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UK appeals to EU leaders to engage on Brexit deal

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Via Financial Times

The UK on Monday appealed to European leaders to show “greater engagement” with Britain’s proposal for a new Brexit deal, as Boris Johnson struggles to persuade the bloc to enter detailed negotiations.

A Downing Street spokesman admitted there were no immediate plans for face-to-face meetings between the prime minister and his EU counterparts this week.

On Monday, Mr Johnson will hold phone conversations with his counterparts in Denmark, Sweden and Poland.

But it had been expected that Mr Johnson would embark on a tour of European capitals in the run-up to an EU leaders’ summit on October 17-18 where the prime minister was hoping to finalise a new withdrawal agreement.

The European Commission said on Friday that Mr Johnson’s new Brexit proposal did not provide the basis for concluding an agreement. The UK is under pressure to make fresh concessions if detailed negotiations on a deal are to get under way.

The Downing Street spokesman said the EU had seen the publication of Mr Johnson’s proposal last week as a “step forward”, adding there were ongoing talks with the bloc.

“But we need those talks to take place at pace and need greater engagement with the compromises we have put forward,” he said.

David Frost, Mr Johnson’s Brexit negotiator, is due to hold talks in Brussels on Monday with the team of Michel Barnier, his EU counterpart.

Mr Johnson’s proposal seeks to resolve the vexed question of the Irish border that was at the centre of parliament’s rejection of the withdrawal agreement finalised by his predecessor, Theresa May, and the EU.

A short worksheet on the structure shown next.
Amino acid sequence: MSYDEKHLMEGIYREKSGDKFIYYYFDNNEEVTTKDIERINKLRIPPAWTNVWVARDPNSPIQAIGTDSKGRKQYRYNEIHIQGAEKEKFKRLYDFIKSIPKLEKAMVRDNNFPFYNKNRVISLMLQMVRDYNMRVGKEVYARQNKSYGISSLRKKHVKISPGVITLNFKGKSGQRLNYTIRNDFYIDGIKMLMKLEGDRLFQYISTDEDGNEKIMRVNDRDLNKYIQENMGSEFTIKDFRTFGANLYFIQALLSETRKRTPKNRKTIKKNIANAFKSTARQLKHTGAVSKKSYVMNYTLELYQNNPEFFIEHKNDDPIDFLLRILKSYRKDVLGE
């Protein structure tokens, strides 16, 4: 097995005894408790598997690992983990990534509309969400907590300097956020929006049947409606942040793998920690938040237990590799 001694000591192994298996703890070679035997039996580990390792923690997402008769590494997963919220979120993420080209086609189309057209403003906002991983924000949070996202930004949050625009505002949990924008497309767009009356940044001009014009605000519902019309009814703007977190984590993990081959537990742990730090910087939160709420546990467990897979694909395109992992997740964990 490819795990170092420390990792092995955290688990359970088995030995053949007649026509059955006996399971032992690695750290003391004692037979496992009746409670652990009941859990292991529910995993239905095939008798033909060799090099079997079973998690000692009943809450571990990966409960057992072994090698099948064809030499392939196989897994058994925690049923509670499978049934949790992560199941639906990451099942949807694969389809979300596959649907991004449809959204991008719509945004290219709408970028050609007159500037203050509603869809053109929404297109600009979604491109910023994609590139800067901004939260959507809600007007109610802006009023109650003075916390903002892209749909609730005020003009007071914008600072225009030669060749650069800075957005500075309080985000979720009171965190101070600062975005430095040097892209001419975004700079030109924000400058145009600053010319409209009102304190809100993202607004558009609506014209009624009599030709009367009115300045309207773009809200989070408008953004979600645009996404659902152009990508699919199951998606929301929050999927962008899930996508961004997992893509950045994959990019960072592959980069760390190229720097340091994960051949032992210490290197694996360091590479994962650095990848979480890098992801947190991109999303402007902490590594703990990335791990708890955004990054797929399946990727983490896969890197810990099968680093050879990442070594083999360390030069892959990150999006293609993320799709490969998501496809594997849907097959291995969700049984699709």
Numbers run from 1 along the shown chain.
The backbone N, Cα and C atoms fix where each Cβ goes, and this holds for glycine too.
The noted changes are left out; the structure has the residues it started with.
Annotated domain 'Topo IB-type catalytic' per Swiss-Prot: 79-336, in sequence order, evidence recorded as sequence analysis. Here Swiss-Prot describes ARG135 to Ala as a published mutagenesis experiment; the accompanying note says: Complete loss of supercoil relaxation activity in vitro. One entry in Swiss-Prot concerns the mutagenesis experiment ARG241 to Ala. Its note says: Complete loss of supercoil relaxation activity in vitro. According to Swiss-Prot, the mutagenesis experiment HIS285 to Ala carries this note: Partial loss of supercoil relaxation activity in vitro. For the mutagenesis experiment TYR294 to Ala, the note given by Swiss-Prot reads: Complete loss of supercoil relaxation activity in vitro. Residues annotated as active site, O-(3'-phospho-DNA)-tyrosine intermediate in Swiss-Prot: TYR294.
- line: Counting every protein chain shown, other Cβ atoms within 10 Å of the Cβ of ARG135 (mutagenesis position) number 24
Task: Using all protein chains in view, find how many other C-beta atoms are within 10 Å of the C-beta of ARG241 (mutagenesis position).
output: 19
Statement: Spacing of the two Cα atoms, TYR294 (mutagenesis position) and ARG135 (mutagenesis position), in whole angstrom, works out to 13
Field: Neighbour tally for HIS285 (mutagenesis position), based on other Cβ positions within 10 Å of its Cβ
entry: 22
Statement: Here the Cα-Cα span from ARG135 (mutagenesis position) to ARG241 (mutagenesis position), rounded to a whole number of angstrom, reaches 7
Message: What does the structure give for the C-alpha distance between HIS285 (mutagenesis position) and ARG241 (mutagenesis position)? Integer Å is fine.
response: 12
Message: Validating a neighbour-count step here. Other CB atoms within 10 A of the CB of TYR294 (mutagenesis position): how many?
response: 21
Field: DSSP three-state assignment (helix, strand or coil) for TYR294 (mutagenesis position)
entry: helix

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He wants to scrap the so-called backstop in the agreement under which a hard Irish border would be averted by the UK staying in a customs union with the EU, because of concerns it could tie Britain into close ties with the bloc.

Mr Johnson held out as a compromise his proposal that Northern Ireland be aligned with EU single market rules after Brexit, but the region would leave the bloc’s customs union.

The EU has serious concerns about Mr Johnson’s proposal for a customs border involving checks between Northern Ireland and the Irish Republic, because it fears this could damage the bloc’s single market and the Good Friday peace agreement.

It also has objections to how Northern Ireland’s devolved assembly would vote every four years on whether to stay aligned with EU rules, because this could give a de facto veto to the region’s Democratic Unionist Party.

Stef Blok, the Dutch foreign minister, said on Monday after a meeting with UK Brexit secretary Stephen Barclay that the EU wanted more “realism and clarity” from Britain.

The Downing Street spokesman responded by saying: “We are ready to talk with the EU . . . and build a new partnership between the UK and the EU, but if this is to be possible the EU must match the compromises that the UK has made.”

Mr Johnson insisted on Sunday that the UK would leave the bloc without an agreement if necessary on Halloween, even though MPs passed legislation last month that seeks to avert a no-deal Brexit on October 31.

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